"It moves funding from cottage care, programs like ours, to preventative services," Harmon said. "We're all for preventative services."
One aspect of the federal change plans for funding and services to go toward keeping children safely in their homes without being removed to foster care.
More than 250,000 youth live in residential or group homes, according to Harmon. He said teenagers in particular are in need of homes.
Black Mountain Home opened a thrift store and cafe on its campus to raise funding. It also offers a donation-based facility for weddings and other events.
Joe Lordi serves as the president of Grove Stone and Sand Co., a gravel and stone company located directly across from the Black Mountain Home for Children. He said his company naturally connected with the organization through sharing a physical space near Lake Eden.
Lordi serves as the presenting sponsor of the April fundraiser.
"For years and even generations our operations have been in close contact," Lordi said. "They've let us utilize their campus in different ways for annual events for our company."
Lordi described Grove Stone's relationship with the Black Mountain Home as a "real partnership" as opposed to just a financial backer. He said the dedication of the home separates the organization from others.
Dasher credited the organization's donor base with the Black Mountain Home's success. Through fundraising, Dasher hopes to eliminate the need for government funding.
Dasher said she's seeing cottage organizations and foster homes closing across the nation as a result of the pandemic. She said fortunately, the Black Mountain Home is in no danger of closing.
Services offered by the Black Mountain Home for Children
Harmon said the organization's positive reputation is known throughout the region.
"It's not a system, per se," Dasher said, who's background as a foster parent helped connect her with the organization. "We want these children to feel loved, we want them to feel safe, there's no rushing them out of here."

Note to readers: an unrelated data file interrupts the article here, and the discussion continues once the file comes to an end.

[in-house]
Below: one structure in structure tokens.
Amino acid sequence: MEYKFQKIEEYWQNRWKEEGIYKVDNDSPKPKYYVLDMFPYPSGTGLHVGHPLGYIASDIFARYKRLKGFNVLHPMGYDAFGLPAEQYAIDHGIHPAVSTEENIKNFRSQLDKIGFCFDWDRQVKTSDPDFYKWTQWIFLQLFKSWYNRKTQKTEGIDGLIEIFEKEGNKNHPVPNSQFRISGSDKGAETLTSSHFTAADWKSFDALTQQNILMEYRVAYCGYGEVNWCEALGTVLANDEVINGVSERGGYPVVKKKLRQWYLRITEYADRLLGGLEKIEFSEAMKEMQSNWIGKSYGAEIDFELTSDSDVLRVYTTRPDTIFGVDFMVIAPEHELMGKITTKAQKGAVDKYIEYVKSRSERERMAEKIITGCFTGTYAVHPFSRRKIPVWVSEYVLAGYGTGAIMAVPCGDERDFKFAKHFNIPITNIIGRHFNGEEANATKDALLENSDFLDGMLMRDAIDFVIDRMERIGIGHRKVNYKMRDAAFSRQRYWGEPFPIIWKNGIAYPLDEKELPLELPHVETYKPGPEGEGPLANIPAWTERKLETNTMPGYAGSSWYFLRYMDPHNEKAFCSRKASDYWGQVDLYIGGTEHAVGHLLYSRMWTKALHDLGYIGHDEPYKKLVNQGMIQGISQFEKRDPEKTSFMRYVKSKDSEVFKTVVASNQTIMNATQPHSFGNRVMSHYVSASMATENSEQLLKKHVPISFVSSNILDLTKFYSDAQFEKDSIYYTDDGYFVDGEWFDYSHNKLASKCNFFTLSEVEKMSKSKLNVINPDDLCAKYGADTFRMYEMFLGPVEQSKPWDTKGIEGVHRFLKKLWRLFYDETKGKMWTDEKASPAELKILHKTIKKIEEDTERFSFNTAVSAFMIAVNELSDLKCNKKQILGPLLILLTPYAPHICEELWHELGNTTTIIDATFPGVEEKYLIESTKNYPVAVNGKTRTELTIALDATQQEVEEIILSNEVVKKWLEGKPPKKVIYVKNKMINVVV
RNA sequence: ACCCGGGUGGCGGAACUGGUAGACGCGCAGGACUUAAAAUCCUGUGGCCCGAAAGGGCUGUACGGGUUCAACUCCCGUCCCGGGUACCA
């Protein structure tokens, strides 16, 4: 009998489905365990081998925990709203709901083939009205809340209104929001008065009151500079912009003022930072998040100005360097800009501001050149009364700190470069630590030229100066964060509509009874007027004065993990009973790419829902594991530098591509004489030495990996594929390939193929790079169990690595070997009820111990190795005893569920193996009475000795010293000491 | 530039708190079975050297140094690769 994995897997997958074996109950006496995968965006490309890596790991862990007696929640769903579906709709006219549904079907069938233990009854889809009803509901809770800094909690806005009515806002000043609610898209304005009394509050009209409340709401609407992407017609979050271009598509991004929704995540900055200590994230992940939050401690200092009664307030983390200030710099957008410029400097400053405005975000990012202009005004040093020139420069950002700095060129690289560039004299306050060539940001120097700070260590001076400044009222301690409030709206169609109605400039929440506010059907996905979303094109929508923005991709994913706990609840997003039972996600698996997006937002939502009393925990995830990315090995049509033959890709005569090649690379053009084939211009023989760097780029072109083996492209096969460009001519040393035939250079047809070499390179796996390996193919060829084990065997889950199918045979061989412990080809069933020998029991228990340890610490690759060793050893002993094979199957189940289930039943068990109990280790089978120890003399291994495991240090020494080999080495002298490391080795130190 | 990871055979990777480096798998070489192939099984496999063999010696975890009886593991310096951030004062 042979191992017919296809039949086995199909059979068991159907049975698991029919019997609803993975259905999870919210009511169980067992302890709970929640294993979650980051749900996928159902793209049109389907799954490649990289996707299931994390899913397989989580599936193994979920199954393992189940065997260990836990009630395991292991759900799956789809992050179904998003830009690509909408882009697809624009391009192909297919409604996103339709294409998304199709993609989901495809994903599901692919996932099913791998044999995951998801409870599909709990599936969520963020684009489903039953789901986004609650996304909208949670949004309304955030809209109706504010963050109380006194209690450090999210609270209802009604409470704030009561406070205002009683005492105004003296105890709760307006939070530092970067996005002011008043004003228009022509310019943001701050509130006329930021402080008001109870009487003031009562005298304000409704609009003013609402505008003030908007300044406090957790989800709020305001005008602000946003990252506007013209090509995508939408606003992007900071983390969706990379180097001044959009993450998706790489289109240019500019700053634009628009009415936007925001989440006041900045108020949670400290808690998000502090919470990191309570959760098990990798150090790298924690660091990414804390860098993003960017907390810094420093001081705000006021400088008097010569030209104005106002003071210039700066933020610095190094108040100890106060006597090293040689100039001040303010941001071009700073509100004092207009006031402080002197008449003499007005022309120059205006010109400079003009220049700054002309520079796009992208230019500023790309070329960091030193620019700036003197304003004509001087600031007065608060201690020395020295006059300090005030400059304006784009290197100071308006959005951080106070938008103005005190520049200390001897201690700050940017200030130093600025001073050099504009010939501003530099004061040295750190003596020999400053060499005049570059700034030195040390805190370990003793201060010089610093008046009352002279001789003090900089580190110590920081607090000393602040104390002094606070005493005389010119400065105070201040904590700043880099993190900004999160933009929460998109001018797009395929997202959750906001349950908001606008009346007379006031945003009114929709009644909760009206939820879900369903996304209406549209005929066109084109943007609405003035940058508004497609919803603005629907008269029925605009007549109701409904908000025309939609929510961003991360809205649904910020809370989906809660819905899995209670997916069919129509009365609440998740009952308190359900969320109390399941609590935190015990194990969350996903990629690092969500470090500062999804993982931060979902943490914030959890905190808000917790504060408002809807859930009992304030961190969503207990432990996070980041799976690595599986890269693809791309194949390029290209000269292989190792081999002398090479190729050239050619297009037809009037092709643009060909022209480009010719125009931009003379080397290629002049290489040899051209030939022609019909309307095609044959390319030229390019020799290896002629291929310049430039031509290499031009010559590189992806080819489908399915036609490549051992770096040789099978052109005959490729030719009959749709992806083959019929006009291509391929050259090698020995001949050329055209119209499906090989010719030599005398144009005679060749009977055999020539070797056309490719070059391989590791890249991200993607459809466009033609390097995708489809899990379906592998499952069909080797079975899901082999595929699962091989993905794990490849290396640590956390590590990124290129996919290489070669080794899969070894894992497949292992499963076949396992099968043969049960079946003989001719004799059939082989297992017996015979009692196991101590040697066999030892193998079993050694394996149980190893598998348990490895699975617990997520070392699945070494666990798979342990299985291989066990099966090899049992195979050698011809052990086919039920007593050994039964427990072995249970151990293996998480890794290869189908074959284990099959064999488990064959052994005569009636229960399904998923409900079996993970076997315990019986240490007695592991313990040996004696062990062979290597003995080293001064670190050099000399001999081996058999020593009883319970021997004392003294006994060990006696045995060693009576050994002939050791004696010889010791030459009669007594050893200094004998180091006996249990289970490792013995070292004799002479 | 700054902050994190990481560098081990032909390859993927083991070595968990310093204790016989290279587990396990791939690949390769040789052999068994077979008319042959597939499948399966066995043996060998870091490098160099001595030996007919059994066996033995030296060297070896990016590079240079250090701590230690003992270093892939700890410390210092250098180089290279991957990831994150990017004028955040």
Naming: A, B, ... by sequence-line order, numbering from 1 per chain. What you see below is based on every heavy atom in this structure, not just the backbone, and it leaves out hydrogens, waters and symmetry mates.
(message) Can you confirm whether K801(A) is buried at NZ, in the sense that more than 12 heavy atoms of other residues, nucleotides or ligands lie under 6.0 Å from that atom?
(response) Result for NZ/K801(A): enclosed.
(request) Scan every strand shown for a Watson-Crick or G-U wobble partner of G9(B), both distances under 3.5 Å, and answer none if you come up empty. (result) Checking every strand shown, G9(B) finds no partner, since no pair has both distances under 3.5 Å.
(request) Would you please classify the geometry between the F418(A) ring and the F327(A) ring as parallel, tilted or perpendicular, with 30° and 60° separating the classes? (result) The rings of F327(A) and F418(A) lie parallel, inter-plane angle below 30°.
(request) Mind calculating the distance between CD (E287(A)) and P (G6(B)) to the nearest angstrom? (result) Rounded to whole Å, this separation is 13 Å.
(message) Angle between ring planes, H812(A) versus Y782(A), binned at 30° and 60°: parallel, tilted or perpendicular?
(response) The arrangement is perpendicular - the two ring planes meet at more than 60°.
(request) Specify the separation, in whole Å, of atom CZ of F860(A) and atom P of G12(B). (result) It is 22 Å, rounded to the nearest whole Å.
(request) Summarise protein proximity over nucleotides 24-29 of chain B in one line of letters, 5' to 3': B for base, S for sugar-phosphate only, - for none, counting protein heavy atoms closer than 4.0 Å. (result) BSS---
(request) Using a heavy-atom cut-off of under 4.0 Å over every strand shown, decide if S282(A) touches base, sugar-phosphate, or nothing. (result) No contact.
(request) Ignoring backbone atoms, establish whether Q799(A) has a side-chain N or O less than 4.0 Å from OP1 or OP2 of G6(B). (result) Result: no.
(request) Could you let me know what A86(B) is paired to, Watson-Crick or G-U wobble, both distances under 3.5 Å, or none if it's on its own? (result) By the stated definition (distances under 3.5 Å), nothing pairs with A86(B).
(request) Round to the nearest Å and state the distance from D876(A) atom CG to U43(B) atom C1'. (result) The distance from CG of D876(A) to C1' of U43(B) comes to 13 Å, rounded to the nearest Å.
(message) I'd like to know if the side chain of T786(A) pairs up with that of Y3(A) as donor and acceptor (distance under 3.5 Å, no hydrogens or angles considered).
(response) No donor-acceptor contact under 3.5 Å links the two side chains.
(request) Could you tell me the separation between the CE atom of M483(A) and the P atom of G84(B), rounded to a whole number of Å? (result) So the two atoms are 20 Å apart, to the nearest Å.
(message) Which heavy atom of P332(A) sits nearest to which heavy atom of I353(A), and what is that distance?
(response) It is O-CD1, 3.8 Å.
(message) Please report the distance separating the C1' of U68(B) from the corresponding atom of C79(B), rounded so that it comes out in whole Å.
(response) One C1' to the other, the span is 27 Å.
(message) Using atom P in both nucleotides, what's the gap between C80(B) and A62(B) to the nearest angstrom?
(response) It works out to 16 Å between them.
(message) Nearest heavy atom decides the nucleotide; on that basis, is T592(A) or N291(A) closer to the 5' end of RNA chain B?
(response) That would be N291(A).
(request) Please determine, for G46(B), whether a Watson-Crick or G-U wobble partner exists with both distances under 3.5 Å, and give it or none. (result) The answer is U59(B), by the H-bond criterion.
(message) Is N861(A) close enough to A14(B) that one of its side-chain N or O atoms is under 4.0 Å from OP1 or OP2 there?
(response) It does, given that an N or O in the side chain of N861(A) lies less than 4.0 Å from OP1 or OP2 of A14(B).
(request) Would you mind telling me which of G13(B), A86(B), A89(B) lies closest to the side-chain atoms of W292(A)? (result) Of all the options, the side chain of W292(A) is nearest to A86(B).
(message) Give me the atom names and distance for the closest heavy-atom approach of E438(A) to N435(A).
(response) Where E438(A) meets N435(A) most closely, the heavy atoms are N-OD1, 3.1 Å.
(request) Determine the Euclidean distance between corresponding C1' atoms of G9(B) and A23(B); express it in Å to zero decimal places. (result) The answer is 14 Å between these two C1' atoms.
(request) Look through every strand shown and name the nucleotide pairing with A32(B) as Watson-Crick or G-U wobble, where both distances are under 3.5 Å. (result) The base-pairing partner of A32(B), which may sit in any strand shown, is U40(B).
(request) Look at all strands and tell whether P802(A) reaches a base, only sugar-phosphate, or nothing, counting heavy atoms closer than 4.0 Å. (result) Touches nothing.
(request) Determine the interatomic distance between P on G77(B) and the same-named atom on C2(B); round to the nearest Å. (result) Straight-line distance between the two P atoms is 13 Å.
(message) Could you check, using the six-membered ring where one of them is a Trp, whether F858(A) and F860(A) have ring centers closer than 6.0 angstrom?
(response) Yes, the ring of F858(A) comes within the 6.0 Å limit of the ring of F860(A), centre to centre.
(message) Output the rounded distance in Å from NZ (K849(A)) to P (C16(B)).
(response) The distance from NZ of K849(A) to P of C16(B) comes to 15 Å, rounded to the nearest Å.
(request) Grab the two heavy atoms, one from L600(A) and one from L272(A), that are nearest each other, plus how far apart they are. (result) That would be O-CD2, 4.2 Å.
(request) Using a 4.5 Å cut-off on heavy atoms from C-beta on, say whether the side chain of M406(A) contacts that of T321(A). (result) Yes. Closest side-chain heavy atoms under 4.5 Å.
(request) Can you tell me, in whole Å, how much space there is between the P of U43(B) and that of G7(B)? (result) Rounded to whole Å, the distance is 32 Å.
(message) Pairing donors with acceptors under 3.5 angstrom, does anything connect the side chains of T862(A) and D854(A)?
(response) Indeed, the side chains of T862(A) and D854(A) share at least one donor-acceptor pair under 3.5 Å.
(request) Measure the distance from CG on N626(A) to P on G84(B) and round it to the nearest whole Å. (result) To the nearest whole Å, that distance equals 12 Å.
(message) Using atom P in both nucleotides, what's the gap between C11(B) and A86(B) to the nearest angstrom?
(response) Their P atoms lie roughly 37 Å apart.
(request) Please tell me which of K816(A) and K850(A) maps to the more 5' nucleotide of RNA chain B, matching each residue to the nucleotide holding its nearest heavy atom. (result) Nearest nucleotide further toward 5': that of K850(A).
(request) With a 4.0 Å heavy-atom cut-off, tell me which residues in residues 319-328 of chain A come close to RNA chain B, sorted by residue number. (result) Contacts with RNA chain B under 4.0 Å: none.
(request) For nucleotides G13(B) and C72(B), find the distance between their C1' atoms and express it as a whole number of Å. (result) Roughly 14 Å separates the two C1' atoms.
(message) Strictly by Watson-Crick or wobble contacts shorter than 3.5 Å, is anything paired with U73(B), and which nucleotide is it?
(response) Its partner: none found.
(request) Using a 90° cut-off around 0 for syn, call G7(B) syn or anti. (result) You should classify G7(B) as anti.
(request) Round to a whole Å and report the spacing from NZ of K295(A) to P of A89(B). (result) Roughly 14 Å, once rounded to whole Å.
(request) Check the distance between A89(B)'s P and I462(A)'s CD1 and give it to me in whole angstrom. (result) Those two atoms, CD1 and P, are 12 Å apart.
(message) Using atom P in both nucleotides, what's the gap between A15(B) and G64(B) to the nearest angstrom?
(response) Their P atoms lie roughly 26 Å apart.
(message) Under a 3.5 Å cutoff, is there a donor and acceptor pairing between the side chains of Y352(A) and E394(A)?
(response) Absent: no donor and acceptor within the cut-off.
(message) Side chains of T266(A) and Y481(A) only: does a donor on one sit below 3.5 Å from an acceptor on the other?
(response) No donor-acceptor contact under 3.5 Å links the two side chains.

The Black Mountain Home is licensed to train and prepare families to foster children. The organization partners with community groups to provide services, currently serving 86 children and youth.
"We've got a continuum of care that stretches from birth through college and beyond," Harmon said. "We help kids at each level."
While ageing out of foster care often creates challenges for young adults, Harmon said the youth at the organization never age out, meaning the home continues to provide support through early adult life "and beyond."
According to Shelton, the Black Mountain Home boasts a graduation rate of about 89%.
For youth 18 years and older, the Black Mountain Home provides an independent living program as well as apprenticeships. Harmon said tracks span from culinary arts to outdoor recreation to maintenance and automotive.
These paid apprenticeships partner youth with community organizations which often lead to full-time positions, according to Harmon.
"It's something really unique to Black Mountain Home," he said.
Ezra Maille covers the town of Black Mountain, Montreat and the Swannanoa Valley. Reach him at 828-230-3324 or firstname.lastname@example.org. Please support local journalism with access to more breaking news by subscribing.